Lawrence Livermore National Laboratory (LLNL) and the Livermore Lab Foundation (LLF) are exploring the establishment of a consortium that would leverage the Lab’s computing capabilities to identify causal factors for amyotrophic lateral sclerosis (ALS), or Lou Gehrig’s disease.
Under a newly signed strategic partnership project agreement, the foundation will provide funds to the Laboratory to establish membership and scope for a consortium whose purpose is to leverage data analytics to identify causal factors, as well as potential biomarkers, for ALS.
Biomarkers are biological molecules found in blood, other body fluids or tissues that are a sign of a normal or abnormal process, or of a condition or disease. A biomarker may be used to see how well the body responds to a treatment for a disease or condition.
The envisioned ALS consortium could include top universities, clinical institutions and research organizations. LLNL capabilities that could be used in the ALS work are world-class supercomputers and computational modeling abilities, high-end data analytics at large scale and biosciences and bioengineering expertise to identify new biomarkers.
“One of the ways the foundation advances science is bringing together initiatives at different research organizations to work in complement on complex problems such as ALS,” said Dona Crawford, Livermore Lab Foundation president. “By leveraging Lawrence Livermore’s unique capabilities, we aim to enable multidisciplinary teams to improve our understanding of the disease and, consequently, accelerate the development of new therapies and treatments.”
Crawford, who served as associate director for LLNL’s Computing Directorate for 15 years prior to retiring in 2016, said the Laboratory is home to some of the world’s most powerful supercomputers and has experience applying high-performance computing to bioscience challenges.
“With intimate knowledge of the Laboratory’s experimental facilities and science and technology research programs, the foundation is well positioned to identify opportunities for collaborations that play to the partners’ strengths,” Crawford said. “Collectively we can advance science in ways not possible as individual organizations.”
Amy Gryshuk, the director of strategic engagements for the Lab’s Physical and Life Sciences Directorate, noted that “LLNL has unparalleled computing capabilities compared to almost anywhere in the world. With these capabilities, we’ve shown success working in the fields of oncology, drug discovery and traumatic brain injury.
"Our scientists have been able to work with complex datasets with the goal of developing new algorithms and tools for unique scientific challenges. These datasets are different from those on which our scientists normally work. They challenge us to improve our software and hardware, which provides further enhancements to our programmatic work,” Gryshuk added.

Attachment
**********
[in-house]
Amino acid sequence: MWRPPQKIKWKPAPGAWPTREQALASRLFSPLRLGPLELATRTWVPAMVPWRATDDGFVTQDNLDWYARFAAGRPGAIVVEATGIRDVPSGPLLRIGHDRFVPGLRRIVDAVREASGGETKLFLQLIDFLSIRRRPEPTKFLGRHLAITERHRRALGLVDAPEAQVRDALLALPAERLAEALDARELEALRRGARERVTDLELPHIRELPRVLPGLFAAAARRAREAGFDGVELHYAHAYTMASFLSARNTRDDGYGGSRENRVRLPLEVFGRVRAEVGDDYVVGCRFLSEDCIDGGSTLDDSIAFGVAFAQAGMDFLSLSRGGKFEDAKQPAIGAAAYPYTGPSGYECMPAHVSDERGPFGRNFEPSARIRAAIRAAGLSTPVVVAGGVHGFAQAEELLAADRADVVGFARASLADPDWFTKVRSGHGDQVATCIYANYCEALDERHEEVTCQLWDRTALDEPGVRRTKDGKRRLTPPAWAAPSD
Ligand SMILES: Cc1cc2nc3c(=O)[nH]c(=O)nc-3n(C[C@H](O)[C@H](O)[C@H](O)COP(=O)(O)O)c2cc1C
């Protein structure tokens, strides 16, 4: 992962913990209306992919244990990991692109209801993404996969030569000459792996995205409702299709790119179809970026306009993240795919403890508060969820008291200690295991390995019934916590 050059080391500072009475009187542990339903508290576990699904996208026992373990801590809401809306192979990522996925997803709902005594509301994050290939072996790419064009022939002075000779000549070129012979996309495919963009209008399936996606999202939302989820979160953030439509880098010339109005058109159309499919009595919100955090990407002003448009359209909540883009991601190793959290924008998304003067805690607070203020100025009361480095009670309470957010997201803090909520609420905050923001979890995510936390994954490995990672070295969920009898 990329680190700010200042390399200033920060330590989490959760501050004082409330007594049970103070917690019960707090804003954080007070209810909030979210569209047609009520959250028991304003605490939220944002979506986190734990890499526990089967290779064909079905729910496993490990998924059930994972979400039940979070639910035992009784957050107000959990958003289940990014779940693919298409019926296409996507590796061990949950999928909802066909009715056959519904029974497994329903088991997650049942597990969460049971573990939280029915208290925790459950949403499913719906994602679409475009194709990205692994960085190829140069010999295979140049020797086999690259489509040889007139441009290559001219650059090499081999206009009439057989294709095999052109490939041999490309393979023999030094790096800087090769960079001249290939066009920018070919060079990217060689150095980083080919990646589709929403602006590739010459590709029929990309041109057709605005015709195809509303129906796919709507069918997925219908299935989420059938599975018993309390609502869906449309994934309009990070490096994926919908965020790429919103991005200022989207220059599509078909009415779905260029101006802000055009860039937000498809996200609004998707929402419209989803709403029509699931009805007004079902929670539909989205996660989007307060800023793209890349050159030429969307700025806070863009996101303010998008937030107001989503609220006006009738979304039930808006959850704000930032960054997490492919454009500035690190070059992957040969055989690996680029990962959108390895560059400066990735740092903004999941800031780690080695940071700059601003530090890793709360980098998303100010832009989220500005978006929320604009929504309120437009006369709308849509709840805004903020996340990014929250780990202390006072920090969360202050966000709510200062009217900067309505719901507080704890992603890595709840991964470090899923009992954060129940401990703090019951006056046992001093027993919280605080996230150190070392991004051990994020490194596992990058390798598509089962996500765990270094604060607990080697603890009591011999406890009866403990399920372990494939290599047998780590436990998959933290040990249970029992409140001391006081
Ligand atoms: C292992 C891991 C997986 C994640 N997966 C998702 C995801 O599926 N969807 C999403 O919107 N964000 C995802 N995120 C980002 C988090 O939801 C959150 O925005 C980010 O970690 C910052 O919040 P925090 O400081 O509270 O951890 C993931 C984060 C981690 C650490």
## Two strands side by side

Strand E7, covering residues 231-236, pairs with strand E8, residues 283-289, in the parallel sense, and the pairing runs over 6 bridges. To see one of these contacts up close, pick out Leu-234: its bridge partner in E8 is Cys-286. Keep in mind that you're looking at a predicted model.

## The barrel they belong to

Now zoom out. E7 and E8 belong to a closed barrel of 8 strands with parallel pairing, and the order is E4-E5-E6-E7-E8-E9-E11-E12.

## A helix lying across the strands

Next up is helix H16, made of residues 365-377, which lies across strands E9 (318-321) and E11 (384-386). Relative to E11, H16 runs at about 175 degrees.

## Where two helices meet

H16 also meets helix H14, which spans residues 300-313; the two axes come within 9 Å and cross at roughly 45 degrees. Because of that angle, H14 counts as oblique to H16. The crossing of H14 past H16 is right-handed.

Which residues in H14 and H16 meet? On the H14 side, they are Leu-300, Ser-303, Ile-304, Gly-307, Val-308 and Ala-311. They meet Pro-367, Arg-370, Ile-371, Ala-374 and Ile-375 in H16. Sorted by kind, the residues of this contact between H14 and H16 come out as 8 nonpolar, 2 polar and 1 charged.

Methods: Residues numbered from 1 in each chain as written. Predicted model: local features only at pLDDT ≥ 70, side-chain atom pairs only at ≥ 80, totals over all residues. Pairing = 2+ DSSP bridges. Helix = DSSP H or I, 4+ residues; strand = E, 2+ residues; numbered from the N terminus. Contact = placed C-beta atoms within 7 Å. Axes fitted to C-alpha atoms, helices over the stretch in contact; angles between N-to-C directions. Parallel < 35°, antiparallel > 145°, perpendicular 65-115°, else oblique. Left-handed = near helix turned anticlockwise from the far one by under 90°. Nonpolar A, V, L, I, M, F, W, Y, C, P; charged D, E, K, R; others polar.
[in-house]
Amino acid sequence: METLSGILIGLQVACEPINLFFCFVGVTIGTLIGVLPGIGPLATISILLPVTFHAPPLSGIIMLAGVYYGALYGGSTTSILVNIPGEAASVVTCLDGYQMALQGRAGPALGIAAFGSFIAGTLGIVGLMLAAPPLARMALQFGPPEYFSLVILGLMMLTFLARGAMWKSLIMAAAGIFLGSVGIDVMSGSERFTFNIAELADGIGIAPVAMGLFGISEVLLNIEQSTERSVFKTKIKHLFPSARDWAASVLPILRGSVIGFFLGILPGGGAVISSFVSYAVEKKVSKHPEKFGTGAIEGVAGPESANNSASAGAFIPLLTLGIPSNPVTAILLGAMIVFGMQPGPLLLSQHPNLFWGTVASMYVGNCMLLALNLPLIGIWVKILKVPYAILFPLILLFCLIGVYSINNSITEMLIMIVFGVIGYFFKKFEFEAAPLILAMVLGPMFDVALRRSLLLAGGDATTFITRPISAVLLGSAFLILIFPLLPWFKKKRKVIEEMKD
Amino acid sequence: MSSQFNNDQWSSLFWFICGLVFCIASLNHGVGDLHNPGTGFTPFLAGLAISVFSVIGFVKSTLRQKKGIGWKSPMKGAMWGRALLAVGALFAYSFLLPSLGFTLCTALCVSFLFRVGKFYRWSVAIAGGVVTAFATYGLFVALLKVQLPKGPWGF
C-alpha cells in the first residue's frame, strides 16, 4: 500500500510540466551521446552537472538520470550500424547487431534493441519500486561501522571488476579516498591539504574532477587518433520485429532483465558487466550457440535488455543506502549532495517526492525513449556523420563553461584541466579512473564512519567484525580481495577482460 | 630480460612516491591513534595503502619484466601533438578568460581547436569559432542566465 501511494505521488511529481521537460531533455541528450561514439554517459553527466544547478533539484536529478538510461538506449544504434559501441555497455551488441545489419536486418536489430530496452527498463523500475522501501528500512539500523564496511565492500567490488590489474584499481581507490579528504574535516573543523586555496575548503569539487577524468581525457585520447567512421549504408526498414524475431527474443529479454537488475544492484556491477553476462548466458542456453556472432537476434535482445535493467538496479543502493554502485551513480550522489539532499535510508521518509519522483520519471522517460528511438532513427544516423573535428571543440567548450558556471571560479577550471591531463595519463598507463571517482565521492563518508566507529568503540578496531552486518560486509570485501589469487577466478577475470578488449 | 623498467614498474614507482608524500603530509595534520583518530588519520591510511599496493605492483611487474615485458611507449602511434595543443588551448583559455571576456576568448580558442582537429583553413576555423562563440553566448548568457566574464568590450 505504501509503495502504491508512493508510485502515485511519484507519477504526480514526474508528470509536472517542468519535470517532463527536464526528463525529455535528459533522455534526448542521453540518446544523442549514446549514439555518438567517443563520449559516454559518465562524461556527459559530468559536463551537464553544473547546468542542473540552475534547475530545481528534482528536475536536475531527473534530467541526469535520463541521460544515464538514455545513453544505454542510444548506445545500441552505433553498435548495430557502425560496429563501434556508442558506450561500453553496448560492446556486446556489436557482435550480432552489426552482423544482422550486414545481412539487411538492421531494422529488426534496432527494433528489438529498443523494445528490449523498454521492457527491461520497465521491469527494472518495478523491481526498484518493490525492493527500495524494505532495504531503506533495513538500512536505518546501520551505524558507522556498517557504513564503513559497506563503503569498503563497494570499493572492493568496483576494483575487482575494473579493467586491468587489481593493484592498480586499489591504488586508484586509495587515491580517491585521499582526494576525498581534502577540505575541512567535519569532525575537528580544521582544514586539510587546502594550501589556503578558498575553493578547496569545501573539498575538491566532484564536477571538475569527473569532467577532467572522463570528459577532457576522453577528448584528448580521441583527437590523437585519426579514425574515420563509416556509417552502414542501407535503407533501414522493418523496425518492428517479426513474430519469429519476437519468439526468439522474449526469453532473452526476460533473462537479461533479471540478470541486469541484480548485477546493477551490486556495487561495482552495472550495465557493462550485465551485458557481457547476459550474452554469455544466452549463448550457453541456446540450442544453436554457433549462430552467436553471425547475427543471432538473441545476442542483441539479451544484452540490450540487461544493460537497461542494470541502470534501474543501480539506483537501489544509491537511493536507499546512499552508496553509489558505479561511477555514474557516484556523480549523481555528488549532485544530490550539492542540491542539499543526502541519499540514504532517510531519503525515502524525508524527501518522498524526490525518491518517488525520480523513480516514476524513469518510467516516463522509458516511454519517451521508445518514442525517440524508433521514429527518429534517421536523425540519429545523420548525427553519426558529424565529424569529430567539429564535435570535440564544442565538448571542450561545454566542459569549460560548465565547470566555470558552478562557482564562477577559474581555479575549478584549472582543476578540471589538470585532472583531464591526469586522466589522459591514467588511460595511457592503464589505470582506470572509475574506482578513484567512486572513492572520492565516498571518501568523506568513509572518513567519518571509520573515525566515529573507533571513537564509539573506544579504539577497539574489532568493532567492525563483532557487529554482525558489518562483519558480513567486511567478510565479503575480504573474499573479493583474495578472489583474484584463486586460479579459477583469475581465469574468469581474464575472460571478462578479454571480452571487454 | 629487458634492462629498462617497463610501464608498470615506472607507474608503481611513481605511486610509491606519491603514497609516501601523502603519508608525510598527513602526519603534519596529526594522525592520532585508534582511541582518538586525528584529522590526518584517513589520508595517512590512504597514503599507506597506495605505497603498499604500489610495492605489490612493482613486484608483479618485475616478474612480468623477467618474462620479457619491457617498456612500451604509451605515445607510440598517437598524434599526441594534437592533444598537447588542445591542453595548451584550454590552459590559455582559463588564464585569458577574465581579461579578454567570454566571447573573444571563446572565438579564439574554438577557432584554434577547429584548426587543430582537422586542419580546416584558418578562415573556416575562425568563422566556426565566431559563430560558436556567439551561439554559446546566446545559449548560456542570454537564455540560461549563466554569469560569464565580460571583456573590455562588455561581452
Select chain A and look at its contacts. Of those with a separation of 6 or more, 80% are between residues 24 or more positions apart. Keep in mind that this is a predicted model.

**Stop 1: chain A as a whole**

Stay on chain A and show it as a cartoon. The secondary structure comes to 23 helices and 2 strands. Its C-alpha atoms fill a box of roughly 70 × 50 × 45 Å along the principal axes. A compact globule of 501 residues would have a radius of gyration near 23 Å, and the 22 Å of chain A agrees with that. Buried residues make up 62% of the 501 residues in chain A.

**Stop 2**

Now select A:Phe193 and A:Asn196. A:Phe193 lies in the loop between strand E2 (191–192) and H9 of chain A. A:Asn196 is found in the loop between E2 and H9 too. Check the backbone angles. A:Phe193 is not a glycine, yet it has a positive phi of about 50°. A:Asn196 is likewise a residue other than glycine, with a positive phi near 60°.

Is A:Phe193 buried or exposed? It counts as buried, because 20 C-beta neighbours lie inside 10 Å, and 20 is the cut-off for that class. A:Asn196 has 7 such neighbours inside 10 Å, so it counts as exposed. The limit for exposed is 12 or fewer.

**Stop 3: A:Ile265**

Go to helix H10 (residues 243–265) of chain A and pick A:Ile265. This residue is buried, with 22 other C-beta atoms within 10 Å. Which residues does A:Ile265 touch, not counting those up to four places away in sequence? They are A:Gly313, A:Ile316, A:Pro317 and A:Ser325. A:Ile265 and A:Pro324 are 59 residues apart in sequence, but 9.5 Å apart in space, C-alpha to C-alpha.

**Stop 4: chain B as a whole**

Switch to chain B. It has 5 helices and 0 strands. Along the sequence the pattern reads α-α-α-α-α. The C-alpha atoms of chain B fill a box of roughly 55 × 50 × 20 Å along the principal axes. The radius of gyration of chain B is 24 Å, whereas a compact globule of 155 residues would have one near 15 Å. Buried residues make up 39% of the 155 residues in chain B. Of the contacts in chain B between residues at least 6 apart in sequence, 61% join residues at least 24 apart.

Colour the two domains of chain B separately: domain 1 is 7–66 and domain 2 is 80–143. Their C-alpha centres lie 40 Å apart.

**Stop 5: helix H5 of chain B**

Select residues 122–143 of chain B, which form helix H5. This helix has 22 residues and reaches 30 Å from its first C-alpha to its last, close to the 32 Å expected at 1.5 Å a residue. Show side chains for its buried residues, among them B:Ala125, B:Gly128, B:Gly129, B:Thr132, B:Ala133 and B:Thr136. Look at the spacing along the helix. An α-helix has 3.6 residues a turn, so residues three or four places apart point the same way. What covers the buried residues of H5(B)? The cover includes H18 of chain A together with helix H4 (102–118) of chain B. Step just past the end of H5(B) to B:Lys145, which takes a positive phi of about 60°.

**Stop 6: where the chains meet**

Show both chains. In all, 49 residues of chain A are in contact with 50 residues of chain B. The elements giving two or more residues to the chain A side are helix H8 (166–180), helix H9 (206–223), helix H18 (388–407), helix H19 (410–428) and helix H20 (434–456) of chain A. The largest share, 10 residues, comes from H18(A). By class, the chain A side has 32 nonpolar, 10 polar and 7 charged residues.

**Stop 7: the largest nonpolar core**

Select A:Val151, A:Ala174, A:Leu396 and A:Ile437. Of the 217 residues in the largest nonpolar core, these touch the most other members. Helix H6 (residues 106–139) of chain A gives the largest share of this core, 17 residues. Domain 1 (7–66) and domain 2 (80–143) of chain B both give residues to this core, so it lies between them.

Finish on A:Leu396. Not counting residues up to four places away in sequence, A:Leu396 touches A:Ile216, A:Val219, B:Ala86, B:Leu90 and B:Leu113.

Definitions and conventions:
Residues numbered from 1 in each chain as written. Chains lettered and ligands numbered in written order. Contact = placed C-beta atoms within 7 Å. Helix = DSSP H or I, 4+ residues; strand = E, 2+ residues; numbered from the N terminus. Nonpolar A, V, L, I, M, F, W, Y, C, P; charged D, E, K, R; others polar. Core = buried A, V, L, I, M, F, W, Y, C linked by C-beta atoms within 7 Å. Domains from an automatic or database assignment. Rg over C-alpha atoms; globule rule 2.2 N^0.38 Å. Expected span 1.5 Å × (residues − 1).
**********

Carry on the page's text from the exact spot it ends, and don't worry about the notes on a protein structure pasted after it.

At any given time, there are 20,000 Americans (between the ages of 40-70) affected with ALS, a progressive neurodegenerative disease that impacts the motor neurons from the brain to the spinal cord and, from there, the muscles in the body.
With the degeneration of the motor neurons, the brain is unable to initiate and control muscle movement and the muscle wastes away, impacting the ability to speak, eat, move and breathe.
LLNL researchers are working on three key life science collaborations with other national laboratories and the National Cancer Institute, a multi-institutional public-private partnership and with a medical research institute.
These collaborations are building capabilities for the life science research areas and the three computational platforms also have the potential to be applied to ALS.
Since 2016, Lab scientists have been working with researchers from the National Cancer Institute, Frederick National Laboratory for Cancer Research and Los Alamos, Argonne and Oak Ridge national laboratories through the “Joint Design of Advanced Computing Solutions for Cancer” (JDACS4C) pilot projects.
JDACS4C focuses on utilizing high-performance computing and advanced computational methods and algorithms to attain a greater understanding of cancer biology, pre-clinical screening, treatment challenges and risk identification.
Another collaboration, Accelerating Therapeutics for Opportunities in Medicine (ATOM), is a consortium established in 2017 to integrate high-performance computing, diverse biological data and emerging biotechnologies to create a pre-competitive platform for drug discovery (with an initial focus in oncology). In addition to LLNL, other ATOM members are GlaxoSmithKline, the University of California, San Francisco (UCSF) and Frederick National Laboratory for Cancer Research, a federally funded research and development center for the National Cancer Institute.
In the third project and since 2018, researchers from LLNL have joined with Lawrence Berkeley and Argonne national labs along with UCSF and other medical institutions to better understand traumatic brain injury. The project challenges and advances the Department of Energy’s capabilities in cognitive computing — coupling artificial intelligence and computing at scale.
Established in 2016, the LLF is a 501(c)(3) dedicated to the advancement of science and multidisciplinary research to “change the future” by accelerating the development of science and technology that benefits society.
The foundation provides a pathway for philanthropists to fund the development of new applications for existing and emerging science and technology at LLNL, such as applying the Lab's brain-mapping technologies — developed for the Department of Defense — to advance public health care. For more information about LLF, see the web.